I see patients throughout the rehab process, which can be anywhere from six months to a year. The type of graft you choose affects your recovery to some extent, but so does your dedication. The Sports Medicine team will chart your progress with a specific set of milestones:
- Recovering full range of motion
- Strengthening the muscles around the knee
- Returning to light jogging, followed by running and sprinting
- Beginning the jump-and-agility program, which includes lateral movements and pivoting
- Finally, we’ll conduct a battery of “return-to-sport” testing to make sure you’re ready for competition.
Once your reconstructed knee scores 90% of your uninjured knee on the return-to-sport testing, we clear you to resume all activities. However, we also caution you to gradually work toward your peak performance because it takes time to rebuild your strength and endurance.
For Kennedy, it took him about eight months to work his way back into competitive shape. For others, it may take longer. But our team will be there with you – pushing you – the entire way.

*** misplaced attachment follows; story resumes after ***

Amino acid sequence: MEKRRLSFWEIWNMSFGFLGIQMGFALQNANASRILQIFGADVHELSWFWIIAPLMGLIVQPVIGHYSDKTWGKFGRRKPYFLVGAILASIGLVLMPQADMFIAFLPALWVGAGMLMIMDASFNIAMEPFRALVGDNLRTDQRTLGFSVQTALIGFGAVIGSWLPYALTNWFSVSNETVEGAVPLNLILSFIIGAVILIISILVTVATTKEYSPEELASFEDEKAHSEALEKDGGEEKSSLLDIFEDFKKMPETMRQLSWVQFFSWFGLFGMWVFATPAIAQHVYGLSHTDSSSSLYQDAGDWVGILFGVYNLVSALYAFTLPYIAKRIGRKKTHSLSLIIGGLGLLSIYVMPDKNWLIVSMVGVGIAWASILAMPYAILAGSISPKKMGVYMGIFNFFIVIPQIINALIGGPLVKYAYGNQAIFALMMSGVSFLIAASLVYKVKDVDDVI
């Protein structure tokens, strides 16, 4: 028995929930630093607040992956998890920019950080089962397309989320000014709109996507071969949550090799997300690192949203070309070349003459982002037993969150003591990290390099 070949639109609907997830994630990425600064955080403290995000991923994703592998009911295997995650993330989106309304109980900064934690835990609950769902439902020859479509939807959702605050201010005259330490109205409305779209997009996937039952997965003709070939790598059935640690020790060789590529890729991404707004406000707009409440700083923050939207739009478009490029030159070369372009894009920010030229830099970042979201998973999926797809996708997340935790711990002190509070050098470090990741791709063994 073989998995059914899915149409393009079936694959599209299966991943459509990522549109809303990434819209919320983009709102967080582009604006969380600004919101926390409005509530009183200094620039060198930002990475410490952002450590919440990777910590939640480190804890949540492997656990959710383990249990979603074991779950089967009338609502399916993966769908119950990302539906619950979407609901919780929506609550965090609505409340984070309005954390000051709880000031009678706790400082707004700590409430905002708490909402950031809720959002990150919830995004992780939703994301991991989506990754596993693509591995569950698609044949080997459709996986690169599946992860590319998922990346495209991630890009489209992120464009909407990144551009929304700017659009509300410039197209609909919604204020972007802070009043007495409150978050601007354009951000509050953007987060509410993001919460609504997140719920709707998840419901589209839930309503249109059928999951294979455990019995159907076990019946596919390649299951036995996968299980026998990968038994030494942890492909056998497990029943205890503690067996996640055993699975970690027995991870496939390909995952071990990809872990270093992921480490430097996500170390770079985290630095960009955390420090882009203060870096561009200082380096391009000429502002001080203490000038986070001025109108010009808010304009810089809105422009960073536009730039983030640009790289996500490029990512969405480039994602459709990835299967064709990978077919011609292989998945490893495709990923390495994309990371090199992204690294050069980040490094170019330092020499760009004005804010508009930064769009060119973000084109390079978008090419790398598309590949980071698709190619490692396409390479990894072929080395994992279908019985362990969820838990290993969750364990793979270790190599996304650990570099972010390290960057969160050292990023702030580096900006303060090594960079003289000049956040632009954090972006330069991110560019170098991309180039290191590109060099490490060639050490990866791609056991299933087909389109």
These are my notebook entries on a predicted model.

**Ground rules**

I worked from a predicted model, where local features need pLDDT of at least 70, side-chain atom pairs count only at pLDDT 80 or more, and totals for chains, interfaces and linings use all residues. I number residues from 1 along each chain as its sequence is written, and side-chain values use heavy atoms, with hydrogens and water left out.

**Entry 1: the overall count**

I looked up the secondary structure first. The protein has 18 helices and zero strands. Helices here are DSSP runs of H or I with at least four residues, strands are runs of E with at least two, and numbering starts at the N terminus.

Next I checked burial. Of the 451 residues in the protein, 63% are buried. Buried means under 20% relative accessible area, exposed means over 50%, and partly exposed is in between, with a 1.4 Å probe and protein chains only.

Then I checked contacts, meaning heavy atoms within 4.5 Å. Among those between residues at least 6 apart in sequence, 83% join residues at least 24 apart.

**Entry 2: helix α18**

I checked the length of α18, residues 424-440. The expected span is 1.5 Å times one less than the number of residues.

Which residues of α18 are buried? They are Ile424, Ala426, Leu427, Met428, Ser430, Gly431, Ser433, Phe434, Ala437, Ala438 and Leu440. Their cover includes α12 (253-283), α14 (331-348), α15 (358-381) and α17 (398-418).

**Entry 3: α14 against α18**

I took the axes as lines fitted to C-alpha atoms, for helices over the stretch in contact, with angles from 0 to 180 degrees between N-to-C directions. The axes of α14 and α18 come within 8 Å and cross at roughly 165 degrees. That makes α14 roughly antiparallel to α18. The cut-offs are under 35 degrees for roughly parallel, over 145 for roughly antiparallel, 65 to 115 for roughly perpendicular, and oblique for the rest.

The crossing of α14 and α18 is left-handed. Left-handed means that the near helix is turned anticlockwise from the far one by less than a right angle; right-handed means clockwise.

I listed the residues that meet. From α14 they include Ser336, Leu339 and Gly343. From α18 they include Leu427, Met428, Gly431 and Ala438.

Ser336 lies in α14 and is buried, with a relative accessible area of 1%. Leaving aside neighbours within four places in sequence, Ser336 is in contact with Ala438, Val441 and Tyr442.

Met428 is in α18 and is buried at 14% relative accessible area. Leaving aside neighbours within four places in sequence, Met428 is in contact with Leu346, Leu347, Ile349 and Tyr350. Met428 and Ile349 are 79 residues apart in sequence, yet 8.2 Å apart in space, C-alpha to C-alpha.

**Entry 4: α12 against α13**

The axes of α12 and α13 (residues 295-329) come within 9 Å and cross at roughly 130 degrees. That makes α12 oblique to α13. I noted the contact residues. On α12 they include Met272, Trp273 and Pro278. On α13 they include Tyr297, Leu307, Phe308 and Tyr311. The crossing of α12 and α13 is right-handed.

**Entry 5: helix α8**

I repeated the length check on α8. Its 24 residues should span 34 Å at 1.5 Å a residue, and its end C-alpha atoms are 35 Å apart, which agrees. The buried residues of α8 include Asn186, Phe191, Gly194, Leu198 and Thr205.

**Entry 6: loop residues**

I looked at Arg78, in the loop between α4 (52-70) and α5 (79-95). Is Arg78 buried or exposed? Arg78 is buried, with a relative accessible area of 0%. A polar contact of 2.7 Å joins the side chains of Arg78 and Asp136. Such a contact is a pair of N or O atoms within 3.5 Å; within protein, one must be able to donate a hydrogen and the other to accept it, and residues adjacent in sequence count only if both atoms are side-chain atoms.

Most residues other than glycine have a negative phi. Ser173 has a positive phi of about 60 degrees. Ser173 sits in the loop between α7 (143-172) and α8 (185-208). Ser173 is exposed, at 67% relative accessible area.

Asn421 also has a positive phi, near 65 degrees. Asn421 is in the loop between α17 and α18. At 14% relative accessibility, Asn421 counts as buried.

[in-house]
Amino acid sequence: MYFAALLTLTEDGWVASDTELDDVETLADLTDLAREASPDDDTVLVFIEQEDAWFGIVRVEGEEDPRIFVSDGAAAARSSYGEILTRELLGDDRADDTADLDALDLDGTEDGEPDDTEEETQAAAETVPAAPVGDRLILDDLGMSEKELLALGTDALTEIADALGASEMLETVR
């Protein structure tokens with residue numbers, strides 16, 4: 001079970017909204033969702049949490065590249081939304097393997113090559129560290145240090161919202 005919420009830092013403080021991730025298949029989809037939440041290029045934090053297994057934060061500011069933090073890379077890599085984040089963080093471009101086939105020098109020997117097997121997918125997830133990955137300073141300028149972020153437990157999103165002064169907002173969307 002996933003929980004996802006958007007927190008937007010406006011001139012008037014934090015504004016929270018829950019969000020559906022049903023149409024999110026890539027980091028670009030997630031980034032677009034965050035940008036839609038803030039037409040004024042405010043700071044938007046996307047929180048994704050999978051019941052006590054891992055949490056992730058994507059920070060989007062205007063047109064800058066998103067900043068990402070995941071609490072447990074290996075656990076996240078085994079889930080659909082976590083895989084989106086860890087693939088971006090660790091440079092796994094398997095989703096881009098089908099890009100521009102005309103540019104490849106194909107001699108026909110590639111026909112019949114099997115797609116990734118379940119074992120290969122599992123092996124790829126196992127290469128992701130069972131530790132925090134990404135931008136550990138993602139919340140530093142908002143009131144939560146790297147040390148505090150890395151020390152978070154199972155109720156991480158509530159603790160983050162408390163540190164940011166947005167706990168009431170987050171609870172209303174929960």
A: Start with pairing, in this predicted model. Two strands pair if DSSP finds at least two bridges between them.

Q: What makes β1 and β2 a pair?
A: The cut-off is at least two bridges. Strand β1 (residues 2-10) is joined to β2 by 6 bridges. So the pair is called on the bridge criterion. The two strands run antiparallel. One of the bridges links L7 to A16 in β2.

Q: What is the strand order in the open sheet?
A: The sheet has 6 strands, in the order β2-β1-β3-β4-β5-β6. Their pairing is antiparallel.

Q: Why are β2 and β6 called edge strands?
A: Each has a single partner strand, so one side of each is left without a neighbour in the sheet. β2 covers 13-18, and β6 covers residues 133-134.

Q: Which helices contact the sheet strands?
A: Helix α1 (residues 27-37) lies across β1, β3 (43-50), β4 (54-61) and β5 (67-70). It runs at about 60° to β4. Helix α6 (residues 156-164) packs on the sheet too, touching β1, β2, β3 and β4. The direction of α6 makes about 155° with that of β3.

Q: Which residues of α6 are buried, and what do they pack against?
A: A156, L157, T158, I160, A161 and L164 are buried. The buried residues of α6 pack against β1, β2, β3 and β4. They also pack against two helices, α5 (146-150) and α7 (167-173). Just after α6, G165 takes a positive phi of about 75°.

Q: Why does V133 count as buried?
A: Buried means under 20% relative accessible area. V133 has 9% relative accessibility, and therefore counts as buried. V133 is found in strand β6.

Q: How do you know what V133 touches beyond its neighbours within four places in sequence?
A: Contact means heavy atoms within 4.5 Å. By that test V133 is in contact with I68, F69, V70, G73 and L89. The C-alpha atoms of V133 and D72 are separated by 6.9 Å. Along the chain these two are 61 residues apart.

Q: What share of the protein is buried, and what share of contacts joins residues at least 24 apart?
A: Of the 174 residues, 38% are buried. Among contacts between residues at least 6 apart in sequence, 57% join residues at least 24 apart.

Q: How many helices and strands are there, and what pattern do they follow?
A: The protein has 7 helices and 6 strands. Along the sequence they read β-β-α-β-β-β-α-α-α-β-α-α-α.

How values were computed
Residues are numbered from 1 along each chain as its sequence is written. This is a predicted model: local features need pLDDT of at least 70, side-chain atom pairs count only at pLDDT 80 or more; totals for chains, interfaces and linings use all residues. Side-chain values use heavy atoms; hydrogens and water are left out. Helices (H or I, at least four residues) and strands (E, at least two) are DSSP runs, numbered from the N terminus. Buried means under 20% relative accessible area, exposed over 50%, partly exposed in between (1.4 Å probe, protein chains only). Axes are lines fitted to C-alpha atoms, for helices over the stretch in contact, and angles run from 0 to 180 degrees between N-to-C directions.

Getting your knee and mind ready
For many athletes, the final hurdle to clear after ACL reconstruction is a mental one.
I served as an assistant team physician for the Houston Texans (NFL), Rockets (NBA), Astros (MLB), and Dynamo (MLS), and the experience taught me that it’s difficult to perform at the highest levels until you trust your knee again.
Kennedy doesn’t hesitate to tell people he was scared when he stepped back into the ring.
“It’s chaos in the Octagon, so I was worried,” he said. “When I got kicked that first time, it woke me up and my natural instincts took over. The knee held up perfectly, and I’m grateful for that.”
In many ways, Kennedy’s story is not unique. An ACL tear is a traumatic injury for any athlete. But knowing all he has been through – he’s literally fighting to support his family here and in Nigeria – I felt confident his faith and internal fortitude would get him back to the top of his sport.
He credits his mother, a former nurse who is suffering from the devastating neurodegenerative effects of ALS, or Lou Gehrig’s disease, with inspiring him along the way.
“She was very competitive as a youngster, very athletic, but she wasn’t able to capture her dreams in Nigeria,” said Kennedy. “That’s why she pushed me. She wanted to make sure it was possible for us to live our dreams.”